Racist Violence in Wilmington’s Past Echoes in Police Officer Recordings TodayRoundup
tags: racism, Reconstruction, North Carolina, Police, White Supremacy
Crystal R. Sanders is a sixth generation North Carolinian and an associate professor of history at Pennsylvania State University. She is the author of the award-winning book A Chance for Change: Head Start and Mississippi's Black Freedom Struggle.
In Wilmington, N.C., three city police officers were fired Wednesday after being caught on camera making racist and disparaging comments about a fellow black officer, a black magistrate and a black arrestee. As the officers discussed the nationwide protests sparked after George Floyd’s killing, one remarked that he believed a civil war was on the horizon. He went on to admit that he planned to buy a new assault weapon because “we are just going to go out and start slaughtering them f------ n------. I can’t wait. God, I can’t wait.” In his own words, the officer threatened harm to black Americans rather than protecting them, as he was employed to do.
Wilmington in 1898 was the largest city in North Carolina and had a black majority. An interracial political alliance between black Republicans and white Populists resulted in black elected officials across the state but especially in Wilmington, where three of the city’s 10 aldermen, the justice of the peace and the deputy clerk of court were African American. Black people also served as policemen, postal workers, the coroner and the collector of customs.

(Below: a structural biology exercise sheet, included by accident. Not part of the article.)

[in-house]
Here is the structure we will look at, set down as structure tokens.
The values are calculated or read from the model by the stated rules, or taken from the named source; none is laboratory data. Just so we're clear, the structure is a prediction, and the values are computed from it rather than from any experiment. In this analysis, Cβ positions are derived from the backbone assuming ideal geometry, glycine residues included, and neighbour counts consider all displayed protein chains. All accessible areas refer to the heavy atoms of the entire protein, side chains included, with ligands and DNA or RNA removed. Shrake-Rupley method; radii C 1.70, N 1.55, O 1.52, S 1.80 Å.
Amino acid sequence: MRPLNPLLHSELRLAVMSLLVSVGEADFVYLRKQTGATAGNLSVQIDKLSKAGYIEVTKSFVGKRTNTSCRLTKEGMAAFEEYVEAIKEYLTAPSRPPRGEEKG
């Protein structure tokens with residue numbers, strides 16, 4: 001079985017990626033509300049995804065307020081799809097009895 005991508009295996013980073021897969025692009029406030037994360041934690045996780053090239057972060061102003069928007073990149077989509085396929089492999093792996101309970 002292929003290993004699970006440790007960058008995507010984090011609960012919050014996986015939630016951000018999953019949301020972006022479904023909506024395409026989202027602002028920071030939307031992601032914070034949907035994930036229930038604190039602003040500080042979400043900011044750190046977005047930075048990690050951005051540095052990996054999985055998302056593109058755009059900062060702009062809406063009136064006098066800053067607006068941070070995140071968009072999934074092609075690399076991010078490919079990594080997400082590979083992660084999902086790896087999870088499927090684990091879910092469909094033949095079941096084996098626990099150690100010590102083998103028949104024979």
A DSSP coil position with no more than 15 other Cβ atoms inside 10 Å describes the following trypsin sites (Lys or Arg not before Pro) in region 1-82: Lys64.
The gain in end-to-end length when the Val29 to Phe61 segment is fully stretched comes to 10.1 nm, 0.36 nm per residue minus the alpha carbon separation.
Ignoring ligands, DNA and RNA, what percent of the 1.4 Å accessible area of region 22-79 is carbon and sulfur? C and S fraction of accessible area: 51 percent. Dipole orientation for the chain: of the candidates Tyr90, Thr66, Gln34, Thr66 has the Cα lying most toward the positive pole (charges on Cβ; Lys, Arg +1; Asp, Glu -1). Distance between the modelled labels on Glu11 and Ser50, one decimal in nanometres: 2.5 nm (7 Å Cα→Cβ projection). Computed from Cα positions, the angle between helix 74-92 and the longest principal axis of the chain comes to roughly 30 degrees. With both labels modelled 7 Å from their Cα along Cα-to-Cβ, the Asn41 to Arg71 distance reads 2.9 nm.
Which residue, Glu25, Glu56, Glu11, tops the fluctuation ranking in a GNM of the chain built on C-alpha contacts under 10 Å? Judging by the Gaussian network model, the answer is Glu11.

The leaders of this interracial “fusion” movement called for popular control of local government, meaning officials would be elected rather than appointed — to the chagrin of Democrats. White supremacists opposed the change because it was more democratic and promoted black participation in electoral politics.
The opposition from Democrats to fusionism stemmed from more than just a desire to regain power, however. Fusionists provided debt relief to white and black Southerners alike by capping interest rates, which outraged lenders, who were overwhelmingly Democrats.
Wilmington proved to be the perfect storm, as its biracial government was antithetical to the kind of hierarchical, conservative society that white Democrats desired. Under the leadership of Furnifold Simmons, chairman of the North Carolina Democratic Executive Committee and a future U.S. senator, they pledged not to accept “Negro rule” and devised a plan to fracture the fusionist alliance between blacks and lower-class whites, replacing it with an all-white coalition joined by race. Democrats sought to redeem the state through a white-supremacy campaign that would deliver victory by any means necessary, including fraud, intimidation and violence.
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